Stuffing or Dressing?
As I start to plan my menu for my family Thanksgiving a few questions come to mind. Being from Virginia, born in Richmond, and currently having a restaurant in Charlottesville – just who did host the first Thanksgiving? As if the in laws were not enough for you this time of year, gently steer the conversation to our history and culinary heritage.
Stuffing in the middle ages was known as farce, from the Latin farcire (and French farcir) meaning to stuff. Farce originally denoted a brief, lighthearted play stuffed in between lengthy religious productions to keep the audience from being bored.
Forcemeat and farce were also common terms referring to a spiced chopped meat mixture, currently still in use when referring to sausage.
The term stuffing first appears in English print in 1538. After 1880, it seems the term stuffing did not appeal to the propriety of the Victorian upper crust, who began referring to it as dressing. Nowadays, the terms stuffing and dressing are used interchangeably, with stuffing being the term of preference in the South and East portions of the United States.
Oyster stuffing was very popular in the nineteenth century and remains so today. Southerners often prefer pecan, rice or cornbread stuffing. Italians like sausage in their stuffing. Dried fruit, potatoes, and apples are a favorite with Germans.
Adding more flavor to Thanksgiving’s old stuffing, many historians doubt whether the Massachusetts settlers deserve any credit for hosting the first Thanksgiving in English America. Evidence points to Berkeley Plantation in present-day Virginia, less than 50 miles upriver from that first Jamestown settlement. At Berkeley Plantation, a band of new colonists held Thanksgiving on Dec. 4, 1619. But theirs was not a festival of binging on food and drink: The colonists at Berkeley Plantation lacked the provisions and time to hold that kind of a celebration. Their thanksgiving was more religious than culinary. Still, other historians point to an earlier ceremony held at Cape Henry on April 29, 1607, when the original Jamestown settlers made land and gave thanks for their safe passage–again more of a religious ceremony than a festival.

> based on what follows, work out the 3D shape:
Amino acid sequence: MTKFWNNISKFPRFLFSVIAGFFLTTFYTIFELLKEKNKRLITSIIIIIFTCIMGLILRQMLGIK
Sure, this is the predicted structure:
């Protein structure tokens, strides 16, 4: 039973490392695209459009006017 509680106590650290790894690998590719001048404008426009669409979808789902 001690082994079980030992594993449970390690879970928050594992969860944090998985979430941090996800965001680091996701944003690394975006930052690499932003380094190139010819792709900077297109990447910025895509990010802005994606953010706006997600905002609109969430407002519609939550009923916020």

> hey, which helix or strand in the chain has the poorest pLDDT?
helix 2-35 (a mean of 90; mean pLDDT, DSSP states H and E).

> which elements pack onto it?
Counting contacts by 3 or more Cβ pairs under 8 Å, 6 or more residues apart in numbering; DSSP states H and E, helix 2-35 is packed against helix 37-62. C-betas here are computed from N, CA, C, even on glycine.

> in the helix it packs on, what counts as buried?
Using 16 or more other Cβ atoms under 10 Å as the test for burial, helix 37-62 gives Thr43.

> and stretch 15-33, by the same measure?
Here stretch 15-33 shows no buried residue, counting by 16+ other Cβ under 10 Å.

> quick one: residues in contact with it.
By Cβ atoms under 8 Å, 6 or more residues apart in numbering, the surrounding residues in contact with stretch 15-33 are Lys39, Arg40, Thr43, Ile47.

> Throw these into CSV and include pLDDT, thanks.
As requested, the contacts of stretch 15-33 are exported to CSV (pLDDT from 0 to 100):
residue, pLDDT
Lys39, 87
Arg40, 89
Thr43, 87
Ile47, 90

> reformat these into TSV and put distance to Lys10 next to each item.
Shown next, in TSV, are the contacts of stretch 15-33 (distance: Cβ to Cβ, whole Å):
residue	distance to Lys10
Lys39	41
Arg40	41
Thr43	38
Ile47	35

Naturally there are turf wars over historic ‘firsts’ between Massachusetts and Virginia, but a case can be made for crediting Cape Henry and Berkeley Plantation with the first ritual of giving thanks, while Plymouth certainly set the thankful tone for ritual gorging. And the latter is far more appealing to the appetites of the average American family.
So why the confusion over the historical narrative? That entire Berkeley settlement was destroyed by a Native American massacre, reasonably leaving the tradition’s torch to their English brethren to the north. Regardless, the idea of giving thanks for what one has is relevant whether Berkeley Plantation or Plymouth gets credit for the act.
Ironically, the original destination of the Pilgrims when they left England in September 1620 was present-day Virginia where there was an existing contingent of English colonists. Instead, the Mayflower first spotted land in November off Cape Cod and thus altered the course of English expansion in America and Thanksgiving history.